foreword by Anthony Aveni
Mesoamerican Worlds Series
"The Chilam Balam books of Yucatan rank with the Popol Vuh as major works of Maya literature, and the most important book about them is this one. Timothy Knowlton's interpretation is the most insightful, sophisticated, and nuanced that has ever been written."
—Dennis Tedlock, State University of New York at Buffalo
"[A] welcome addition to the growing literature on Mayan culture, myths, and language. . . . This book is highly recommended for students and scholars interested in Mayan mythic traditions, religion, cosmology, folklore, anthropology, and history."
—Colonial Latin American Historical Review
"Rewarding and fascinating . . . obviously a book that is compulsory reading for all scholars of colonial Yucatàn, of Maya literature, and of Maya history before and after the Spanish conquests. But it will also be of considerable interest to a wider group of sepcialists, including Mayanists of all stripes and scholars of colonial encounters throughout throughout the Americas."
—Matthew Restall, Hispanic American Historical Review
"This volume should be read not only by all Mayanists, but also by those concerned concerned with processes of transculturation, for which it provides valuable new insights."
—Marvin Cohodas, Bulletin of Latin American Research
"Knowlton's work is extremely well researched, documented and illustrated . . . the insight Knowlton offers into the religious worldview of the Mayan culture as it struggled with adapting to Spanish Roman Catholicism is tremendous . . . there are many nuggets of gold to discover here."
—Robert Danielson, Missiology
"[Knowlton] has contributed much to understanding the historical circumstances that affected the creation, perpetuation, and preservation of the cultural knowledge embedded in these important documents."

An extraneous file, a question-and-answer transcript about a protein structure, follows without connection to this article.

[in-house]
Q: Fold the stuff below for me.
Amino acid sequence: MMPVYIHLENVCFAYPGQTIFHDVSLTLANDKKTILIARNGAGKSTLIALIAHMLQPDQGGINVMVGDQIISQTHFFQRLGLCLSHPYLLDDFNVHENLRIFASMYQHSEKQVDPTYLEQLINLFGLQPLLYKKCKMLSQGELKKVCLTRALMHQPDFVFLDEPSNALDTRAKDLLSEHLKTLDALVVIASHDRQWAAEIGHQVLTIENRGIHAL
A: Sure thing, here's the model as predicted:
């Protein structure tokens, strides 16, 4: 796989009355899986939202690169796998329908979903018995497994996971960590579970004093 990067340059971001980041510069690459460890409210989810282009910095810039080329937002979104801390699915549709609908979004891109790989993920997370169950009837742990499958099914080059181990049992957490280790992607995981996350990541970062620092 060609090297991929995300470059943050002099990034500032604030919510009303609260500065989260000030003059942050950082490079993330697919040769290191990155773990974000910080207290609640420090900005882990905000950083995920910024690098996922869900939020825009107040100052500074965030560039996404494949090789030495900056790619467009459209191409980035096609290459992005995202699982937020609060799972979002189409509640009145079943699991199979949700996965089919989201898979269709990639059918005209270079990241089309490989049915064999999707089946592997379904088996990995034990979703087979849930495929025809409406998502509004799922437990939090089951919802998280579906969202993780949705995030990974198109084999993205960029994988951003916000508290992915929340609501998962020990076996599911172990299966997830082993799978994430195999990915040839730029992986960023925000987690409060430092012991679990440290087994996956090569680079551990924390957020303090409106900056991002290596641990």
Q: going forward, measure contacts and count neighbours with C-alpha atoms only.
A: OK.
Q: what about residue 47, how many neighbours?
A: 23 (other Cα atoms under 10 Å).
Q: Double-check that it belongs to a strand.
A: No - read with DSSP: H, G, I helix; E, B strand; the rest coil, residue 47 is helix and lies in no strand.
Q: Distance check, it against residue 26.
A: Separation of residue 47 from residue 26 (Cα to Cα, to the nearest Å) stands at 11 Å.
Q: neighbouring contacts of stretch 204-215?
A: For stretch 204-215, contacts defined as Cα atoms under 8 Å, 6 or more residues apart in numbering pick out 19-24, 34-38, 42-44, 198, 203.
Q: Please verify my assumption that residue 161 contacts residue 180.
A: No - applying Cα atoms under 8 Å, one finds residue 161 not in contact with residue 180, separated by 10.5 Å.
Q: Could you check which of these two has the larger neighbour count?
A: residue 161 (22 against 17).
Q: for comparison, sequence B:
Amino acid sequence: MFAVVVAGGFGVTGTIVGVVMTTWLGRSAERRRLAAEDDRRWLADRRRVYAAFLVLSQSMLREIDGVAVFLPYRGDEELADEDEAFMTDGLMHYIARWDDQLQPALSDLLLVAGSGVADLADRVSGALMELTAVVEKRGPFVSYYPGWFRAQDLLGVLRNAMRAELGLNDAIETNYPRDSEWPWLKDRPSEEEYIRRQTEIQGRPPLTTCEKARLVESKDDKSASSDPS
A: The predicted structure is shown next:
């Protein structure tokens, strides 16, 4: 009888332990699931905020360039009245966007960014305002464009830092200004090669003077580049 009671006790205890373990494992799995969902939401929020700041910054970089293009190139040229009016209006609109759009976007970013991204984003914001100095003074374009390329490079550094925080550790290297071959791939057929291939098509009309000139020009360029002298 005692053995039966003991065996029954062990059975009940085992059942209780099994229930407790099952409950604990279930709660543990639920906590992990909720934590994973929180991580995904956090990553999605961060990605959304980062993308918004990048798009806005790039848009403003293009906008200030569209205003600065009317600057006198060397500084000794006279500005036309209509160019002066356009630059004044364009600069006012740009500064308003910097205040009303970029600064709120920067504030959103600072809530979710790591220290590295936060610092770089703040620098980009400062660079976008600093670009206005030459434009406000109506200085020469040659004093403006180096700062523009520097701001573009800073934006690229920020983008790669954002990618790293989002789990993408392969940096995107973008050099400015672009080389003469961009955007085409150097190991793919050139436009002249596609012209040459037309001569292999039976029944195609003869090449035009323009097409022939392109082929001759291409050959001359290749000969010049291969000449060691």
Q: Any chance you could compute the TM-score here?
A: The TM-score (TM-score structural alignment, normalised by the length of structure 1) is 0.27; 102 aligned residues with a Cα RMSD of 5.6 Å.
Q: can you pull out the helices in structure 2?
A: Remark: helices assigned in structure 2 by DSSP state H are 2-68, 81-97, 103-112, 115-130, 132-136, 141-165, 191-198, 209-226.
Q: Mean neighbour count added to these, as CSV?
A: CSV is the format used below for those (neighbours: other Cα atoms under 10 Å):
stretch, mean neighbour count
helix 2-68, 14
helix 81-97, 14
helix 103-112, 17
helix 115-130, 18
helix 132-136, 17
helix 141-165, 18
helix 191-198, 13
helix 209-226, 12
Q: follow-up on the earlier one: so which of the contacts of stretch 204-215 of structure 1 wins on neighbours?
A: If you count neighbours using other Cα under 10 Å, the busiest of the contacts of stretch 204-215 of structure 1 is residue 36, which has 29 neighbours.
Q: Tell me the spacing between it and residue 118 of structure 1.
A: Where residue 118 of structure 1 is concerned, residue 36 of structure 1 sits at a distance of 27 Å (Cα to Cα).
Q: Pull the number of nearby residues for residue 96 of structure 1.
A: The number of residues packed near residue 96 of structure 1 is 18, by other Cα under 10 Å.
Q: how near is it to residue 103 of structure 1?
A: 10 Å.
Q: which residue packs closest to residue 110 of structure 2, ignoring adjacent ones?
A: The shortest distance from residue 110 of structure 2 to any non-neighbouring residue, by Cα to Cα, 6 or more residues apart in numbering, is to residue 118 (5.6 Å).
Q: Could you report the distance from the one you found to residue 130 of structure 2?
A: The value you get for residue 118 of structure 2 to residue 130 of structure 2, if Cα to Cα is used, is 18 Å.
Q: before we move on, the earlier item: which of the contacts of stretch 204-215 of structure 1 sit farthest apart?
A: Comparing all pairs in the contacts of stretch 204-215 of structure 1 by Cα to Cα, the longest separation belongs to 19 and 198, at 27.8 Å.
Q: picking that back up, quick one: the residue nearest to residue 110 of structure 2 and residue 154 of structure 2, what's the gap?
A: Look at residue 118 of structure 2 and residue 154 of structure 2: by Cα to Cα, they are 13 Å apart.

—Dean E. Arnold. Field Museum of Natural History, Journal of the Royal Anthropological Institute
—Julia Smith, Sixteenth Century Journal
There is no Classical Yucatecan Maya word for "myth." But around the close of the seventeenth century, an anonymous Maya scribe penned what he called u kahlay cab tu kinil, "the world history of the era," before Christianity came to the Peten. He collected numerous accounts of the cyclical destruction and reestablishment of the cosmos; the origins of gods, human beings, and the rituals and activities upon which their relationship depends; and finally the dawn of the sun and the sacred calendar Maya diviners still use today to make sense of humanity's place in the otherwise inscrutable march of time. These creation myths eventually became part of the documents known today as the Books of Chilam Balam.
Maya Creation Myths provides not only new and outstanding translations of these myths but also an interpretive journey through these often misunderstood texts, providing insight into Maya cosmology and how Maya intellectuals met the challenge of the European clergy's attempts to eradicate their worldviews. Unlike many scholars who focus primarily on traces of pre-Hispanic culture or Christian influence within the Books of Chilam Balam, Knowlton emphasizes the diversity of Maya mythic traditions and the uniquely Maya discursive strategies that emerged in the Colonial period.
This book will be of significant interest to Maya scholars, folklorists, and historians, as well as students and scholars of religion, cosmology, and anthropology.